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Teachers' Retirement Options
by Paige Estigarribia
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If you're a teacher, your retirement options are a little different than most people. You may have pensions and retirement plans that are only available to teachers. To help us understand teachers' retirement options, we reached out to Dave Grant, a CFP who specializes specifically in retirement planning for teachers. Here are his thoughts:
Q: When should teachers consider their retirement options?
Dave: Planning for retirement should be something you do as soon as you start your career. In doing this, you are able to take small steps towards saving, which can have a big impact by the time you retire.
However, teachers should be looking at seriously reviewing their pension credit, their saving strategies for retirement, and how they want to approach retirement about five years before they plan to do so. There are some key things to do in the final year before retirement if done wrong, these can cost teachers money.
Q: What are the typical options that teachers have available?
Dave: Options for teachers vary depending on which state they happen to work. Some teachers will have a pension provided to them; others will have the option to take a lump sum from their pension, while others can do a mixture of the two. Deciding on what option is best requires careful planning because the decision cannot be reversed.
Q: Are there other options teachers may not know about or may forget about when thinking about retirement investing?
Dave: One thing I see teachers do is put all of their retirement savings into a 403(b) or tax-sheltered annuity (TSA). While it currently saves on income taxes, these taxes will be due when money is withdrawn during retirement. For teachers who receive a pension, they don't have any income tax flexibility to save themselves on taxes. For this reason, I suggest that my clients split their savings between tax-deferred, Roth, and taxable accounts. This gives teachers the most flexibility when they are in retirement. It may make their taxes slightly higher now, but can provide much needed flexibility later in life.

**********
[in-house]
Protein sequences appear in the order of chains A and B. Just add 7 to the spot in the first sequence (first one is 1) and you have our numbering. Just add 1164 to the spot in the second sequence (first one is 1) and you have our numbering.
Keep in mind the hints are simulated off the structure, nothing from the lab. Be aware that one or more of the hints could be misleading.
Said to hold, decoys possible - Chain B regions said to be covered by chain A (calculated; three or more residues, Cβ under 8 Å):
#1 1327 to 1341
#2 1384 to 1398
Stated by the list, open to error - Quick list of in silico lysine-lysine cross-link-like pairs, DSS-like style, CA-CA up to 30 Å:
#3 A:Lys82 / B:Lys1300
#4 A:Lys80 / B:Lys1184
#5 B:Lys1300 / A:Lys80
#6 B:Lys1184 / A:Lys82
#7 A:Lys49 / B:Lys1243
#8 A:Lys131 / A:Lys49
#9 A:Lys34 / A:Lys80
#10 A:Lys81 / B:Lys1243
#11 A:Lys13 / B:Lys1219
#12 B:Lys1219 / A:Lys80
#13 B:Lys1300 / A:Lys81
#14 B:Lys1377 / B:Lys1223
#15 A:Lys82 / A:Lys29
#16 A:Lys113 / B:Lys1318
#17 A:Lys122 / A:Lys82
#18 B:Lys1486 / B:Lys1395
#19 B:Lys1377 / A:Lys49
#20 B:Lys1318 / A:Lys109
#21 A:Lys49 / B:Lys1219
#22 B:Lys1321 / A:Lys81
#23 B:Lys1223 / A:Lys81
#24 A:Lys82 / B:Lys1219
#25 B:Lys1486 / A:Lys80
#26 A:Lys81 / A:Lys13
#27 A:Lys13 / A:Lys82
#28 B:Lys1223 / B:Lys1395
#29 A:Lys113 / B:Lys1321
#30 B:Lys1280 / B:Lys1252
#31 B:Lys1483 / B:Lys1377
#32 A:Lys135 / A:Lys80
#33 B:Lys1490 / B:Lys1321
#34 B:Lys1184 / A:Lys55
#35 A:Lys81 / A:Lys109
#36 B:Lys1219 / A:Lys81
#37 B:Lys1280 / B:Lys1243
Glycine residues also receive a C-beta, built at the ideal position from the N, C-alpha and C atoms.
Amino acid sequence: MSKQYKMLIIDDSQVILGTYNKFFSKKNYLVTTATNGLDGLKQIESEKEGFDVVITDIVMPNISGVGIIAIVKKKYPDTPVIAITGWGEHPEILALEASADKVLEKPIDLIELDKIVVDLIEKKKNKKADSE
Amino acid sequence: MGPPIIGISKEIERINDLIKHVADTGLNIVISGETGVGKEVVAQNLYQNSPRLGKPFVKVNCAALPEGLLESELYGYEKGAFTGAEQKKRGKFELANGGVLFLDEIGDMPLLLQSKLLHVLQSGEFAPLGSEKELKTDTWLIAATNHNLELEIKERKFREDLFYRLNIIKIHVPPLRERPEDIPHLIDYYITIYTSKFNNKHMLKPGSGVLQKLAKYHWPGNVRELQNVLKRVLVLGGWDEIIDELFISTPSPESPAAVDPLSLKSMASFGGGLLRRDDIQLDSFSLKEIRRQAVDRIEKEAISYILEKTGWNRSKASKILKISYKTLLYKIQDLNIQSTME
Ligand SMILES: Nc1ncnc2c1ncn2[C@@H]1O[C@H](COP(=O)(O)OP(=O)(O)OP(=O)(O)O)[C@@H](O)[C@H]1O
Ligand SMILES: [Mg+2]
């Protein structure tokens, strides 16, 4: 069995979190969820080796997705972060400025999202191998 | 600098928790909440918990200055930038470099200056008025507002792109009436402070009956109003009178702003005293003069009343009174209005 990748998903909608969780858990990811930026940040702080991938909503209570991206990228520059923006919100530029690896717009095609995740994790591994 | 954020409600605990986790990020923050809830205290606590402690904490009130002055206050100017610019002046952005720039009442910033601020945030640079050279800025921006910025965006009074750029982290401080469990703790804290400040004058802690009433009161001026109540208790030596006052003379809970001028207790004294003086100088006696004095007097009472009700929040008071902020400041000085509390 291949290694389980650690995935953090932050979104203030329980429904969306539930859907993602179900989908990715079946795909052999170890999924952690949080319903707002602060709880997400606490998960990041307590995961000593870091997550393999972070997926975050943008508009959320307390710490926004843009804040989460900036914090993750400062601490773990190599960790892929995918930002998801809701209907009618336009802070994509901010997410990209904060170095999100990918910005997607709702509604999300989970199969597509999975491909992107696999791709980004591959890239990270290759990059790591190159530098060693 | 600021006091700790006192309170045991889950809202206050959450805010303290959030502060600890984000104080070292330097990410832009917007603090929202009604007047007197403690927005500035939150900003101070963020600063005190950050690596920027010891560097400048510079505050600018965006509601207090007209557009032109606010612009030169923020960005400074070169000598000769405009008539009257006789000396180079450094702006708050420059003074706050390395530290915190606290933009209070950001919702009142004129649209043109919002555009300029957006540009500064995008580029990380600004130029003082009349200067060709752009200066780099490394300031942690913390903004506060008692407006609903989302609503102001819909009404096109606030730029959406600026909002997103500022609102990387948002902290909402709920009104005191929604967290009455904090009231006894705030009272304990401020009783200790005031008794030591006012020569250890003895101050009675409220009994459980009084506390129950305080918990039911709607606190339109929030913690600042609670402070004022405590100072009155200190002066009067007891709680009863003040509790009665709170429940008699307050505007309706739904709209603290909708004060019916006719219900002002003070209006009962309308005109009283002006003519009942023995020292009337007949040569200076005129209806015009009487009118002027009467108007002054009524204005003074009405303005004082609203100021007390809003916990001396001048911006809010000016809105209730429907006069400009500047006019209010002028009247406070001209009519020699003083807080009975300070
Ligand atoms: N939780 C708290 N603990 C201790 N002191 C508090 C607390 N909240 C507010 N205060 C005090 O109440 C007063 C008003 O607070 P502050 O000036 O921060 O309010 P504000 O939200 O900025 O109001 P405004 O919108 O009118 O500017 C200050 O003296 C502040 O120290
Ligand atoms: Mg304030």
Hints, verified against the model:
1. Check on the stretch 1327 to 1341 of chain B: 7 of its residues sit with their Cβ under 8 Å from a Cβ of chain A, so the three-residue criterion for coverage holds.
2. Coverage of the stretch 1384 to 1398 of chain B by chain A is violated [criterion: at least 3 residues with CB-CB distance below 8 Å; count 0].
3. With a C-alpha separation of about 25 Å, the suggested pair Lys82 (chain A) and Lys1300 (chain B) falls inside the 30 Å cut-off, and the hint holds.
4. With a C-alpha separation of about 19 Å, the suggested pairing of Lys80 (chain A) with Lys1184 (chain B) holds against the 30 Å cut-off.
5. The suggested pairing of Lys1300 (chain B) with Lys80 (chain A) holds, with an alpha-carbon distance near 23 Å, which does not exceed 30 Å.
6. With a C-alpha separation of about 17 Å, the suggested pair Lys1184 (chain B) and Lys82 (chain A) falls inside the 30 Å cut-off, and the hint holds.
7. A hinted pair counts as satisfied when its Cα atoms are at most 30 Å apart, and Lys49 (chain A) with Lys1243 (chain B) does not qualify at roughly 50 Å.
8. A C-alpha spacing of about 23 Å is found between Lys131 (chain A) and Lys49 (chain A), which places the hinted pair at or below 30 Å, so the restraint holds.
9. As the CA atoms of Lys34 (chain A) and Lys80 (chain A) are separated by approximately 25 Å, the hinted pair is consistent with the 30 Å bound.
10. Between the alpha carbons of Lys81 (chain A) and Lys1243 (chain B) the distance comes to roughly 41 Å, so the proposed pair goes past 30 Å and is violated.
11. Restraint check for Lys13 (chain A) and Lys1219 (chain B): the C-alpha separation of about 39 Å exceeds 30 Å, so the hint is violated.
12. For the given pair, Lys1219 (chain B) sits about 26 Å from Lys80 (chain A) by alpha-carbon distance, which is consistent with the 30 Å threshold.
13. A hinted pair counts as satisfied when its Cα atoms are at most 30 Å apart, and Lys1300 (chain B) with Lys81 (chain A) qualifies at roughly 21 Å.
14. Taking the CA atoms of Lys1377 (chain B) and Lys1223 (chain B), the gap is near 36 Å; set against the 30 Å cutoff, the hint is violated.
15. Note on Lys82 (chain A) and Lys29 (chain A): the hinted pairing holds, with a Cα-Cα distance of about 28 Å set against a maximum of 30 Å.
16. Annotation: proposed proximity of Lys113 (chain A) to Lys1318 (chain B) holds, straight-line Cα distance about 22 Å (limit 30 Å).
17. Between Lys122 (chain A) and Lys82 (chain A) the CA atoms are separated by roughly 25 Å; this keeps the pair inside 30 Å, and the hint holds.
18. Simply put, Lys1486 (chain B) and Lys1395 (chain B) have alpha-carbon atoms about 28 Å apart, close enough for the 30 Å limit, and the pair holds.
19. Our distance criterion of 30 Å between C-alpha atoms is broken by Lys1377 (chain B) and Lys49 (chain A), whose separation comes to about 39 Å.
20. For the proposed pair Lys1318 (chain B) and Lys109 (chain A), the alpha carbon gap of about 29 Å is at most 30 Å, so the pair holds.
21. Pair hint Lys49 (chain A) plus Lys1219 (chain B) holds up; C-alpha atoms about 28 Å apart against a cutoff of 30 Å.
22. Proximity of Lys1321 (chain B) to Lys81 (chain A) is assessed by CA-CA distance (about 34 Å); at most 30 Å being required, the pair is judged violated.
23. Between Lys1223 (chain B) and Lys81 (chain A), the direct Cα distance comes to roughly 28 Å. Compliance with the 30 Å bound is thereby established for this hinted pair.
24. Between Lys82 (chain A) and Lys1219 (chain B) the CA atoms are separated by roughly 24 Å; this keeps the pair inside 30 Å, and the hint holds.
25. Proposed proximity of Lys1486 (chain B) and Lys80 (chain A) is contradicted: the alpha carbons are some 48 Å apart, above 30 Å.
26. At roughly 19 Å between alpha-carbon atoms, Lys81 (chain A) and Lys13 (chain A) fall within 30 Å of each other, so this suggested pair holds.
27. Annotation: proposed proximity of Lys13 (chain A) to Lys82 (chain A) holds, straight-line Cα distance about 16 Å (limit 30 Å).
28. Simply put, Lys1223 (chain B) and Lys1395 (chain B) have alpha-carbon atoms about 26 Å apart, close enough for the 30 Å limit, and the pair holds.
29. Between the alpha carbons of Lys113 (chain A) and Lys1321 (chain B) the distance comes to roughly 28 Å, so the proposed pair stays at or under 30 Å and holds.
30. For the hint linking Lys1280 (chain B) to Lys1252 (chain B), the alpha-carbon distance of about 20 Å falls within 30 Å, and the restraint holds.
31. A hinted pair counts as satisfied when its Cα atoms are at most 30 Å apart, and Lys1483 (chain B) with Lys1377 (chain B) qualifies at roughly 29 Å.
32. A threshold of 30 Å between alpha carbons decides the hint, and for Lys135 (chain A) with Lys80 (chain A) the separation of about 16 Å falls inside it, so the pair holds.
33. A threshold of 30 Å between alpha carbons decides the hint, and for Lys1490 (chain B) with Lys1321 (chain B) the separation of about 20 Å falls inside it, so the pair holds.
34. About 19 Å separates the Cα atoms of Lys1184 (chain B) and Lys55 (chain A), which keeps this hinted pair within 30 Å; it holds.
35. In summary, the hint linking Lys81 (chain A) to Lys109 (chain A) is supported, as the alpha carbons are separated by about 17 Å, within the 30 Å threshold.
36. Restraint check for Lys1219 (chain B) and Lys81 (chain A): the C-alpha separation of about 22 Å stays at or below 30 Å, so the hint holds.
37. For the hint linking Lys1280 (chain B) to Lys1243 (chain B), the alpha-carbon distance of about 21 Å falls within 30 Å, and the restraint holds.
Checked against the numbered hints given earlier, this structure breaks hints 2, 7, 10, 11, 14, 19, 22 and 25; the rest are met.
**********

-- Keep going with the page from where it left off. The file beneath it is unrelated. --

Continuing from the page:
Q: If a teacher is invested in one plan, but wants to change to a different one, are the typical retirement options available to teachers easy to roll into different retirement plans?
Dave: It's easy for teachers to fall out of love with their 403(b) provider! For teachers investing in a 403(b), they can switch vendors and use a different 403(b) provider. Some companies will charge a fee to move from their platform, but if you move to one that offers better investment choices, that fee may be recuperated pretty quickly. However, you have to be careful which vendor you choose.
This option to switch plans is not available for pension plans. Teachers are stuck with the pension plan of the state in which they teach.
Q: What is the one thing you wish more teachers would think about when they are considering retirement?
Dave: I wish teachers would plan ahead, sooner. For example, teachers in various states (including Illinois where I live) are being told that their pensions will change. Some teachers are relying on this pension as their sole source of retirement income. If they had thought about retirement earlier and saved accordingly, they would be in a much stronger position by having other funds to use.
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Searching out different options for retirement can be confusing, and even more so for teachers, who have additional options. Hopefully these tips will help teachers who might be contemplating their own retirement options and financial planning.
Dave Grant, CFP®, is the founder of Finance for Teachers, a fee-only financial planning firm in Cary, IL. Dave exclusively serves teachers in Illinois by helping them to organize their financial lives and live a fulfilled life. He is also the founder of the Finance for Teachers Network, a group of advisors across the country who focus on helping teachers plan their financial future. Dave is a columnist at Financial Planning magazine, and a writer for various financial technology companies.
Paige Estigarribia is a writer for The Dollar Stretcher who enjoys writing about food, frugal living, and money-saving tips. Visit Paige on Google+.
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